A giggle escapes your daughter’s lips as you wipe fat drops of chlorine-scented water from your face. You give back as good as you got, eager to keep the game going, when you see a lifeguard jump into the pool.
Members of the Del Norte County Search and Rescue Team practice swift-water rescues last year on the Smith River. Del Norte Triplicate file / Bryant Anderson
He swims straight for your son who had been bobbing up and down near the deep end.
“That’s odd,” you think as the lifeguard pulls your son out of the pool. “He didn’t look like he was in danger. He didn’t even yell for help.”
It’s not a scenario that’s played out at Crescent City’s Fred Endert Memorial Pool as far as Manager Matt Hildebrandt knows, but it could. Hildebrandt, who started working at the pool as a lifeguard in 1978 and has been pool manager for 11 years, said recognizing a swimmer in distress is a vital skill for lifeguards.
“They’re having trouble getting to the side and their kick isn’t efficient so they need assistance,” he said of swimmers in trouble. “They don’t thrash around and they don’t call for help. It’s a quiet process.”
As families head to rivers, pools and ocean, adults and kids should be aware of the surrounding environment and know how to get out of treacherous situations. This could mean keeping an eye out for sneaker waves at the beach or being able to escape a swift current on the river, said Del Norte Search and Rescue Coordinator Terry McNamara.
At the pool
Danger can be averted by making sure children learn how to swim, how to use a life jacket correctly and how to get to safety if the water gets over their heads or they tire, Hildebrandt said.
The pool offers swim classes for all ages and at all swim levels, Hildebrandt said. The next session begins July 8.
“For beginners the lessons are going to be as basic as entering and exiting the pool safely,” he said, adding that students learn how to tread water, how to dive safely and use life jackets correctly. “We also teach them to bob to safety. If they find themselves in water over their heads or are too tired, we teach them how to push with their feet off the bottom of the pool or lake and bob towards shallower water or to the side of the pool.”
Swimmers who are struggling can stay at the surface for 20–30 seconds before they start to go under, Hildebrandt said. Their arms are either out in front of them or to the sides and they are usually making flapping motions.
“In their mind, they’re trying to climb out of the water,” Hildebrandt said. “They want out, but their legs aren’t doing much of anything at that point. That’s the instinctive drowning response and that’s what that arm movement is.”
Swimmers are allowed to bring floatation devices and life jackets that are approved by the U.S. Coast Guard to family swims at Crescent City’s pool, but the use of inflatable arm bands, also known as water wings, is discouraged, Hildebrandt said.
“They don’t provide any support for a child,” he said. “It’s very easy for them to fall forward. The little ones don’t have the strength to lift their head far enough out of the water and breathe.”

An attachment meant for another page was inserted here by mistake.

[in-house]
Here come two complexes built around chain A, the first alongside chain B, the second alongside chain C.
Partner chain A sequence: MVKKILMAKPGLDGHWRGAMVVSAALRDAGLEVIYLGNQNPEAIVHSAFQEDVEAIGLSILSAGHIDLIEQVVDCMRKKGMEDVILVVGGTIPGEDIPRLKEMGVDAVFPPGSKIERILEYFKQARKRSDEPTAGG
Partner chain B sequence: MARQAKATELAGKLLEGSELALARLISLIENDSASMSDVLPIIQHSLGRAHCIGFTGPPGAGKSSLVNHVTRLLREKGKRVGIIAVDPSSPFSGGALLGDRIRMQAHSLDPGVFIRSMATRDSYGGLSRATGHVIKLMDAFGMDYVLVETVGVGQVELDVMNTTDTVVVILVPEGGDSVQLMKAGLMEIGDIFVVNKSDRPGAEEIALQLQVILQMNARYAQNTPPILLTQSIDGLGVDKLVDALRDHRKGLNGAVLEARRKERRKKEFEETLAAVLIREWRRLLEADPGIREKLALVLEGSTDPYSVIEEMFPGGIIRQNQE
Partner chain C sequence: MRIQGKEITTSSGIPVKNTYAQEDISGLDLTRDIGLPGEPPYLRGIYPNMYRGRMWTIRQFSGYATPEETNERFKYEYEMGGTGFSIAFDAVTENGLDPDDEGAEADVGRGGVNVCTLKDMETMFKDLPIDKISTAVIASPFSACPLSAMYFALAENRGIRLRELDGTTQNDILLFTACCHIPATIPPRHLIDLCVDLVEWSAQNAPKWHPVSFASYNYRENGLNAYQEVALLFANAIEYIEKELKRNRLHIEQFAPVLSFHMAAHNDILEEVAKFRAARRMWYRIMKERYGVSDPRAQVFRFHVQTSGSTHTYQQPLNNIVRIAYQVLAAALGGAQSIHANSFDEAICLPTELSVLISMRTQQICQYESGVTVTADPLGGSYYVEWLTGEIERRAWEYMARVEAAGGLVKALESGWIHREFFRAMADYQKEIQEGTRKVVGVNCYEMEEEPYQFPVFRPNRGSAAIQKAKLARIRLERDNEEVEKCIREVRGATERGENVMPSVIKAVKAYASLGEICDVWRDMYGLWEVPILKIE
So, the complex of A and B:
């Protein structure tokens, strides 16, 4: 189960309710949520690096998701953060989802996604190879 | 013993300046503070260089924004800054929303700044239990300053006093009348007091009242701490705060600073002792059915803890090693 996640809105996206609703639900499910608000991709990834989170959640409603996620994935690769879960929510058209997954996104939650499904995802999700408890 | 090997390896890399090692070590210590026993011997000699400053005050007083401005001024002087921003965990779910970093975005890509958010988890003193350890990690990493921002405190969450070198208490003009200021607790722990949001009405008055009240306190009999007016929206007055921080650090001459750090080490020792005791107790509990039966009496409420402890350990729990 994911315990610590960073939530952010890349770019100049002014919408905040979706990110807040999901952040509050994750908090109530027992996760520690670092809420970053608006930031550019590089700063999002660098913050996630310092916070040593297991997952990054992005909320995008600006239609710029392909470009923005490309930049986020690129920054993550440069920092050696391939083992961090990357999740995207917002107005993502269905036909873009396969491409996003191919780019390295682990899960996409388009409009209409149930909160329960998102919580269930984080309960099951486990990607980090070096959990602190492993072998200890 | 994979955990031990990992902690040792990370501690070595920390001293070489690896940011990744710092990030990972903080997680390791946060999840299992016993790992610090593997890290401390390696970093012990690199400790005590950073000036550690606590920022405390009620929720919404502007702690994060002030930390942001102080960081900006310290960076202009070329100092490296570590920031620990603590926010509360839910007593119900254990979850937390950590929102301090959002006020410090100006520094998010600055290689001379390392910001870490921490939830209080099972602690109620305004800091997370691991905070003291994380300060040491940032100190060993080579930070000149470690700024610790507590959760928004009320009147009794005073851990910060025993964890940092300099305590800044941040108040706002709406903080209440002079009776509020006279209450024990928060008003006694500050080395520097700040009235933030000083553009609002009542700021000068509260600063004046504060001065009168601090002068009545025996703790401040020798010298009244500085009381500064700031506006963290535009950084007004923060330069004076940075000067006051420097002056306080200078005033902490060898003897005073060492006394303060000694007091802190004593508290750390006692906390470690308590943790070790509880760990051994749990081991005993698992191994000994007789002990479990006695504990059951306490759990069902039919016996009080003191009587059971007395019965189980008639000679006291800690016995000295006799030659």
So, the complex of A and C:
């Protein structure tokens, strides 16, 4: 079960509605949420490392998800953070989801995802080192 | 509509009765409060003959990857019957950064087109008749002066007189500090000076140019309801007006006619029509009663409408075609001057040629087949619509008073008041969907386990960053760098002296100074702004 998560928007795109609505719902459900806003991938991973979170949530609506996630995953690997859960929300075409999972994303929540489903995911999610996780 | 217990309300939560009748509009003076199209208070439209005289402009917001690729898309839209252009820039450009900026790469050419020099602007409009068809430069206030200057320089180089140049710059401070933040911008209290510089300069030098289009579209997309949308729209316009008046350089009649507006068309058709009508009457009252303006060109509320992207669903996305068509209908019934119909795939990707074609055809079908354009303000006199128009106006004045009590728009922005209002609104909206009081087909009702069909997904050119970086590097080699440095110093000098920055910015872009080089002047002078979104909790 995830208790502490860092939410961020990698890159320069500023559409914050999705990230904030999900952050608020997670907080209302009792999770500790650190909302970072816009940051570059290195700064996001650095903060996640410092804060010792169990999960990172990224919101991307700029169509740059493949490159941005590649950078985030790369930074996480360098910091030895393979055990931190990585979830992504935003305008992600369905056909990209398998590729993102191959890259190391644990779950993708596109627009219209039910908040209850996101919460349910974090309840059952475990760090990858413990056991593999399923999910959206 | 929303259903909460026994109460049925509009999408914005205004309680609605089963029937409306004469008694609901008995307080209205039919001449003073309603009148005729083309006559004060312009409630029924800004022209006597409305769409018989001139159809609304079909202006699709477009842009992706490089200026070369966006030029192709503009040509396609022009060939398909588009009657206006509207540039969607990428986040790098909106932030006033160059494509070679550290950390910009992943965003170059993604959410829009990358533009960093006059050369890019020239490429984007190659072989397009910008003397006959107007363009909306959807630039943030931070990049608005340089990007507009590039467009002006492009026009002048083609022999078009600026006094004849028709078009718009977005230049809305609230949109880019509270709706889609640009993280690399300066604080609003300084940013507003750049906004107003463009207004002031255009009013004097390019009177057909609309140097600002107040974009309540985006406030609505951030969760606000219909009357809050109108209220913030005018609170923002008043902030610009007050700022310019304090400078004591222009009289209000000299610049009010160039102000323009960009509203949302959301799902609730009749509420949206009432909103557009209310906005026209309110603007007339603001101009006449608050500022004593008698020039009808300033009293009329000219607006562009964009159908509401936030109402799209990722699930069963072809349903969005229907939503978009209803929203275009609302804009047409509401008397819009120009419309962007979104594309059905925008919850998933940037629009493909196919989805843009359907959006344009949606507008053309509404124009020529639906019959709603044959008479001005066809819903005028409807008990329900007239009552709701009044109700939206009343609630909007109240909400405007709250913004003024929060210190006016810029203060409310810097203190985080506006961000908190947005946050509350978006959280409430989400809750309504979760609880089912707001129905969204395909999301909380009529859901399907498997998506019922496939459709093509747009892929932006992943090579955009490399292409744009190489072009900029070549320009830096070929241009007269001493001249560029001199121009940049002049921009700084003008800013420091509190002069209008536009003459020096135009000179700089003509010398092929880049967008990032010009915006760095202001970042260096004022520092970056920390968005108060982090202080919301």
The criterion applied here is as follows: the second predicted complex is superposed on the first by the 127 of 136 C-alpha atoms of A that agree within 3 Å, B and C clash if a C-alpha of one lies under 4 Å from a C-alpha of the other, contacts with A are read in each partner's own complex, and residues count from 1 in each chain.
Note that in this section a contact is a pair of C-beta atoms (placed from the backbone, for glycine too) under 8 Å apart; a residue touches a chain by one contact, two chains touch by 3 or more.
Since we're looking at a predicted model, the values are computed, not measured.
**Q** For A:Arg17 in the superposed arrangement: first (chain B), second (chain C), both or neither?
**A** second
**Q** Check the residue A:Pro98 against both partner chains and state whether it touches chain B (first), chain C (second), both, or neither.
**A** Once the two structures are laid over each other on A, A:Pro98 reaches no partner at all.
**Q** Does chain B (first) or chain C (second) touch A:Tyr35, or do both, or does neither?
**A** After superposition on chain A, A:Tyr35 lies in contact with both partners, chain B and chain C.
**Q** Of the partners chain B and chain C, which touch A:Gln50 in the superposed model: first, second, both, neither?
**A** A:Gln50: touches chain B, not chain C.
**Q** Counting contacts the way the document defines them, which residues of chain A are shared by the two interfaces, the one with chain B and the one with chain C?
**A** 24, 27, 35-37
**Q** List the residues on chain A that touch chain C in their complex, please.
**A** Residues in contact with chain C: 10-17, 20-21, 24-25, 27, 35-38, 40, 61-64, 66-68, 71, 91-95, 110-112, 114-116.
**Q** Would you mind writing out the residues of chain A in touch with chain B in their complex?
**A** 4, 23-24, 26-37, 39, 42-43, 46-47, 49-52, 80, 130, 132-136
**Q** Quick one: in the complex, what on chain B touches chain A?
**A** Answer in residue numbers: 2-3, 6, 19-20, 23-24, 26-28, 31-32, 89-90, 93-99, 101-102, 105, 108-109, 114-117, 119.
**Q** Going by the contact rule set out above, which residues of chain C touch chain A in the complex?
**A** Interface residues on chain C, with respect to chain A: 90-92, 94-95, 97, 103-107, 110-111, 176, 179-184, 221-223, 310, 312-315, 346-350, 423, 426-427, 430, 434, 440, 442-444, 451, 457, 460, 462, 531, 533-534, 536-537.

On the river
The killer is usually cold, swift water, McNamara said. Two years ago a man got caught in a fast current on the Smith River and drowned while trying to rescue his son on the Fourth of July.
“He didn’t know how to swim and his son wasn’t a good swimmer,” McNamara said. “They got caught in a current in the river, a big one.”
The temperature on the Klamath River was 65 degrees Friday in Klamath, Hemus said. He estimated that the Smith River was a little cooler due to its shorter drainage. Hemus added that water levels on the Smith, while twice as high as the 81-year average as of Friday, will likely drop this weekend.
“River conditions are like May rather than late June because of the recent wet weather and cooler temperatures,” he said. “We typically don’t get swimmers until (the water) gets in the higher 60s.”
Families who plan to visit the Smith River this summer should pick a spot where the water is calm, McNamara said. Examples include an area near Slant Bridge off of U.S. Highway 199 near South Fork Road, Craig’s Beach on South Fork Road and an area near Mary Peacock Bridge on U.S. Highway 199 near Gasquet, he said.
River-goers who do find themselves stuck in a swift current should swim at a 45-degree angle, using the current to propel them to shore, McNamara said. Those caught in the middle of a waterway can often find calm spots behind large rocks, giving them a chance to figure out what to do next, he said.
“The best thing is to swim literally like your life depends on it,” McNamara said. “What we teach is once you realize, ‘Uh oh, the current is starting to get to me,’ you don’t stop to think about it, you go for it right now.”
At the beach, people should be aware of tidal changes when exploring to keep from becoming stranded, McNamara said.